PhilRice’s Valdez emphasized the need for additional research on the emerging rice pest to develop effective management measures beyond chemical control. She noted that relying solely on chemicals to control rice pests is not a sustainable solution as pests could develop resistance to particular chemicals.

“Misuse of insecticides or pesticides in general could also lead to damage not just in the environment but also in one’s health. In addition, it could also kill the beneficial organisms that help us in combating pests such as FAW,” Valdez said.

With El Niño projected to last until the first half of 2024, a prolonged drought is expected—a condition favorable for FAW. Aside from continuous monitoring of FAW occurrence, Valdez and her team are also doing research on possible factors that trigger its spread.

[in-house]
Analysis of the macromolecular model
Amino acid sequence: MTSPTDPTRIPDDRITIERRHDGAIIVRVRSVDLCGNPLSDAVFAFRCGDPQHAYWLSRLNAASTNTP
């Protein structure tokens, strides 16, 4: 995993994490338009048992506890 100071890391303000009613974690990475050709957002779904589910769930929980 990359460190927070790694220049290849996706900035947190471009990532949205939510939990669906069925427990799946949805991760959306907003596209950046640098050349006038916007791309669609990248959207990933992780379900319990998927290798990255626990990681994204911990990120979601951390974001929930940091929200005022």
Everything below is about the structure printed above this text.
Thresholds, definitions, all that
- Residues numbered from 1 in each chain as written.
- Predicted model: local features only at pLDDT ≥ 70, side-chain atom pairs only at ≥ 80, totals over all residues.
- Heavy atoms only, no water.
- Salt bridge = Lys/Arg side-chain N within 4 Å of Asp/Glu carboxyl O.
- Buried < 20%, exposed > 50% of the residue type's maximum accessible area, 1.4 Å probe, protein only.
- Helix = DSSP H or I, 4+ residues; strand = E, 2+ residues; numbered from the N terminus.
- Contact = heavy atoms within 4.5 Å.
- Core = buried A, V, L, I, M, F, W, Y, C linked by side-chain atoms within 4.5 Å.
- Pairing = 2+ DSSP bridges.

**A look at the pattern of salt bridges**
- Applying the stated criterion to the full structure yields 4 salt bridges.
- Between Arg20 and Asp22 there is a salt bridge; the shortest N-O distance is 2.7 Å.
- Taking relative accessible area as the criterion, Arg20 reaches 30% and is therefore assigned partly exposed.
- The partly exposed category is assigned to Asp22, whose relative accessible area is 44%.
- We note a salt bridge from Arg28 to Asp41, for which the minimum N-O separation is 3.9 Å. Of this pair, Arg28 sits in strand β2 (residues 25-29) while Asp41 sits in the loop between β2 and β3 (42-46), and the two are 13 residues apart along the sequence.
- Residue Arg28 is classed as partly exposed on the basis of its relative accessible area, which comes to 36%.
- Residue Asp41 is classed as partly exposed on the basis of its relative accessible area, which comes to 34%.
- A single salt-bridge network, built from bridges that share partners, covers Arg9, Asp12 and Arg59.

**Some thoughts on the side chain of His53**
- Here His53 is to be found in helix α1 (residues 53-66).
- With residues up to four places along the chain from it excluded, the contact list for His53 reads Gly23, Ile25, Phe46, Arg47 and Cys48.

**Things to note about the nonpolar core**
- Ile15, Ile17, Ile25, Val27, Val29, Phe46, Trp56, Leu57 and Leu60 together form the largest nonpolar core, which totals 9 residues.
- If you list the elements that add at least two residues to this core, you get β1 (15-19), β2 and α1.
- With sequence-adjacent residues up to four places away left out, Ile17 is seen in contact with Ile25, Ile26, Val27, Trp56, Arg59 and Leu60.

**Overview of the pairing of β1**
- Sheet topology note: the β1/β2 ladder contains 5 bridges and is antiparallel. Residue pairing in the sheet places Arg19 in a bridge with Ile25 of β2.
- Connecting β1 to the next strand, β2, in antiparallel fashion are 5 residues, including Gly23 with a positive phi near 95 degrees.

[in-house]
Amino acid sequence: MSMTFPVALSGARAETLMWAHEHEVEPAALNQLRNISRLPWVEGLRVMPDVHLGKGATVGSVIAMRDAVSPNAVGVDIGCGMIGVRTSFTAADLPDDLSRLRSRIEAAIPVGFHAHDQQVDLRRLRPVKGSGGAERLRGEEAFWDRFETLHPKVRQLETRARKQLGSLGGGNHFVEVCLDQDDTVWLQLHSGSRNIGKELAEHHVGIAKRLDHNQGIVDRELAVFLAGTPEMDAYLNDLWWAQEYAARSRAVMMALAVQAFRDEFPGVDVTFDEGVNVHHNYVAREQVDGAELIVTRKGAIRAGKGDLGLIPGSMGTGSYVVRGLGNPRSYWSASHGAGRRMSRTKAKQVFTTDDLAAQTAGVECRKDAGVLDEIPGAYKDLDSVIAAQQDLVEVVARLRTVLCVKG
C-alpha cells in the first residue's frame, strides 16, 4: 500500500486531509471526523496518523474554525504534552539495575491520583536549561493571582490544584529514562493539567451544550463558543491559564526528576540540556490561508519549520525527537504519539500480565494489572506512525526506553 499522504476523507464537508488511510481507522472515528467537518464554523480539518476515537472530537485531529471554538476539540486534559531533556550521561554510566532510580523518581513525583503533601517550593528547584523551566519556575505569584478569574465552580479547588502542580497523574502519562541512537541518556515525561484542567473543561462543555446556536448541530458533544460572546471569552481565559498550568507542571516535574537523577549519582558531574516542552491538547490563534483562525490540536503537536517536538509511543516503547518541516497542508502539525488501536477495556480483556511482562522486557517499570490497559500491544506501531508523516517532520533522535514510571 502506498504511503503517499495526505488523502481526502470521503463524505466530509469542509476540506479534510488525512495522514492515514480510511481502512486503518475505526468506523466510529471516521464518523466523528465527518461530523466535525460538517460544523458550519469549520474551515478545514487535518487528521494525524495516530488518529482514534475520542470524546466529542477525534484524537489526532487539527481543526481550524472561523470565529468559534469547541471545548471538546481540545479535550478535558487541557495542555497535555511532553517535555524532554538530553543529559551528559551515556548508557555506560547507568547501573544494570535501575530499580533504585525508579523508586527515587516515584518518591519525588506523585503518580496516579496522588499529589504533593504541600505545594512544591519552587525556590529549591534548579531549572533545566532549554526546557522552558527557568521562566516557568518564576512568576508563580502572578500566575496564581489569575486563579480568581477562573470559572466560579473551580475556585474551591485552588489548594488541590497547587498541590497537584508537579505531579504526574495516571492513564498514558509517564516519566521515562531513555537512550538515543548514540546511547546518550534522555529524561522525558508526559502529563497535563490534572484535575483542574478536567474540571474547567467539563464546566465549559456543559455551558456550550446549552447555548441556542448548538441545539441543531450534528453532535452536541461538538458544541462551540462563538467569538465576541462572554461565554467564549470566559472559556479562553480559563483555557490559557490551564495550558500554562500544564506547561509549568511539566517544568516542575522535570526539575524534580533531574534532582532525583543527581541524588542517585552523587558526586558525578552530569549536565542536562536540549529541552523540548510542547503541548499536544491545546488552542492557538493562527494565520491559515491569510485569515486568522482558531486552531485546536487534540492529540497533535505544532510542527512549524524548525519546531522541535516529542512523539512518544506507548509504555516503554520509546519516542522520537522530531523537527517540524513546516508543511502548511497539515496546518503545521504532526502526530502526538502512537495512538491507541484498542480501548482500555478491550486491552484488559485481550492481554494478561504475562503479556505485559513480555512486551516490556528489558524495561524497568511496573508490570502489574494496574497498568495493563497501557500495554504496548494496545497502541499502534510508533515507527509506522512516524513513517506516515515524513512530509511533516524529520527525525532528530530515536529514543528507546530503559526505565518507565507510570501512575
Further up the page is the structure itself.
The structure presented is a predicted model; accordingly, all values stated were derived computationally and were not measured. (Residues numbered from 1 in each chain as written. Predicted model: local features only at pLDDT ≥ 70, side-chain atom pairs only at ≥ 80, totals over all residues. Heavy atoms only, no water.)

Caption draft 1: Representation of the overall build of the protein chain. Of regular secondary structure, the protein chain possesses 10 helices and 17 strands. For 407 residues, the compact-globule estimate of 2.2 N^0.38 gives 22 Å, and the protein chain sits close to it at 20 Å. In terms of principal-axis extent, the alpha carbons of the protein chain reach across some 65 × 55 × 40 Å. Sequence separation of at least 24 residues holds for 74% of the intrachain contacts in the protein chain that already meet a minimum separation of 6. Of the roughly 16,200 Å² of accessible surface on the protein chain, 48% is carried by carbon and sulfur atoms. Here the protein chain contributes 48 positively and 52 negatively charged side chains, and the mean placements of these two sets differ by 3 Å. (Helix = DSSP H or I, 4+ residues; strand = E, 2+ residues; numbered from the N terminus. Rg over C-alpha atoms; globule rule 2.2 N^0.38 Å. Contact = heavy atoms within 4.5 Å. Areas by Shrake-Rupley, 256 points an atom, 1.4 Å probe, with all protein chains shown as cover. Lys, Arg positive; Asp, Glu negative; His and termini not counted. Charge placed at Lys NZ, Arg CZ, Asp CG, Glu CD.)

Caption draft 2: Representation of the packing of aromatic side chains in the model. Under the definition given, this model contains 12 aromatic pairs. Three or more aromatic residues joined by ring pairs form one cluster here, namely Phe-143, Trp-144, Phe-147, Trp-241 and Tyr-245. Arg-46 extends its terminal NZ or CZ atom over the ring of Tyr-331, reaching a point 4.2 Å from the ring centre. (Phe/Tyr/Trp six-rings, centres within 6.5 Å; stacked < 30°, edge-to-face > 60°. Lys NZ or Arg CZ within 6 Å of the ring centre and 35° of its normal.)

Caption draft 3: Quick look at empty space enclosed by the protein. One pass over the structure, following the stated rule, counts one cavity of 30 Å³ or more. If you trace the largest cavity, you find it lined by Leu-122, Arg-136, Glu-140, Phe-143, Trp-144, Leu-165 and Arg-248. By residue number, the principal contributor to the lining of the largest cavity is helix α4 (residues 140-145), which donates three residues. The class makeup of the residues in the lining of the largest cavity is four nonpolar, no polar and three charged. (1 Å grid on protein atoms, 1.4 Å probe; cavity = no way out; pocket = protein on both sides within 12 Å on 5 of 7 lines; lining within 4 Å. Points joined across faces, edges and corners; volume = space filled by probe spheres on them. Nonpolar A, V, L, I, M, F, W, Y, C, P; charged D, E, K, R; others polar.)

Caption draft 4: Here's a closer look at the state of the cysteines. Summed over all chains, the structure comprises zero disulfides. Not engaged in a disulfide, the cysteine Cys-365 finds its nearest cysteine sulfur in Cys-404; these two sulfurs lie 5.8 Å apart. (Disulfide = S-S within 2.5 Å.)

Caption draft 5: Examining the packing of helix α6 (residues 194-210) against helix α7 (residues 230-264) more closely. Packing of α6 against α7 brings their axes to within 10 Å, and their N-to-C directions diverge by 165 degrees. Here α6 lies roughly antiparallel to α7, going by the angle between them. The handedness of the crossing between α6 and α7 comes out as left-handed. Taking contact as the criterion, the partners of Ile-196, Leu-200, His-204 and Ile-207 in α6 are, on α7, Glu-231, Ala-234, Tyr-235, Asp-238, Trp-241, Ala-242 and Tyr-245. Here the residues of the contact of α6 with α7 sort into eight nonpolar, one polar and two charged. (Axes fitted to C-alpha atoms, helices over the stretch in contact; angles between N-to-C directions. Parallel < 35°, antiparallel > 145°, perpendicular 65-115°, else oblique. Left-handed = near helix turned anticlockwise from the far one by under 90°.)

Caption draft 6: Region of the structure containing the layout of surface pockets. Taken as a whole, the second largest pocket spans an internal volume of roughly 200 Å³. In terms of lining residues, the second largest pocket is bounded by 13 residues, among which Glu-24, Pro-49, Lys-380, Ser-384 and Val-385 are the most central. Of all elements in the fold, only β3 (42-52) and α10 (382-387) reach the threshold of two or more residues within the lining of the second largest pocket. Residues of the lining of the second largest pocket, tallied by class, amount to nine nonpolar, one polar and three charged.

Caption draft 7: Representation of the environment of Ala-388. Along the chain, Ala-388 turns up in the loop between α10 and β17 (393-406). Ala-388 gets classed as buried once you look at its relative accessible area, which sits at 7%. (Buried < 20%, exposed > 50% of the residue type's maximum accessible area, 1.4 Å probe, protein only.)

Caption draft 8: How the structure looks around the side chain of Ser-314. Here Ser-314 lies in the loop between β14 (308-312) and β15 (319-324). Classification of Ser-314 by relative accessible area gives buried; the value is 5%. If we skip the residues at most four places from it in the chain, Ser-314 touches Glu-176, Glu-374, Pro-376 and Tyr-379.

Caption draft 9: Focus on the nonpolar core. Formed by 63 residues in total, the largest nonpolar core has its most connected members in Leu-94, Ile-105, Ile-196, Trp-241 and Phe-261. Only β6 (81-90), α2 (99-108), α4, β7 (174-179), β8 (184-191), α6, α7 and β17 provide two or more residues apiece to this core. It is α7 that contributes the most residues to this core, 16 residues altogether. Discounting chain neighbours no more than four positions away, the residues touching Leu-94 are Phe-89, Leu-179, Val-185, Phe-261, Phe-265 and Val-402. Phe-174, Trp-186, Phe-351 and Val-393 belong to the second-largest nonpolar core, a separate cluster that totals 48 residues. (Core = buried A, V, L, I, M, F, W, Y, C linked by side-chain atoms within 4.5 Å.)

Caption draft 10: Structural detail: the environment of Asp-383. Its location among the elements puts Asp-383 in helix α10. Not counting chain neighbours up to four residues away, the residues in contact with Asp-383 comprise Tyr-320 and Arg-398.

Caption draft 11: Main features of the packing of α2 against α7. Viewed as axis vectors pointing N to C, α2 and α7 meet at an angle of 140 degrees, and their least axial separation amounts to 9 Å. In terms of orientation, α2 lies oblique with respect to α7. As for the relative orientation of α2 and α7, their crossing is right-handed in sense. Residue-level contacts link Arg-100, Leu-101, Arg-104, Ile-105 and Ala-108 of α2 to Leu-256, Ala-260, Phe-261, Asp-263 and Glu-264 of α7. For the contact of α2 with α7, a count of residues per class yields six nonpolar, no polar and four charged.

“Fortunately, it’s not yet that severe since it has only been spotted in a number of locations and in seedling stages unlike in other countries like the USA. Nevertheless, we’re interested in identifying the factors that lead to its occurrence,” Valdez said.

While he had not experienced another FAW attack, Delos Santos still feared the possibility of a new invasion. For him, it is important for farmers to explore other sources of income in case the pest wreaks havoc again.

He was just thankful that after the costly interventions he had made, his crops had managed to recover. But the regret of leaving his job abroad was now apparent as he realized the difficult reality of being a full-time farmer.

“It is difficult for small-time farmers to think of other sources but that’s the trend nowadays. So it’s either you take the risk or end up just relying on farming to earn,” Delos Santos said.

For more information about the preventive measures in managing the Fall armyworm, you may access the FAW pest alert here.

This story is part of our #NextGen Climate Bootcamp in collaboration with the US Embassy in Manila.

Categories: #NextGen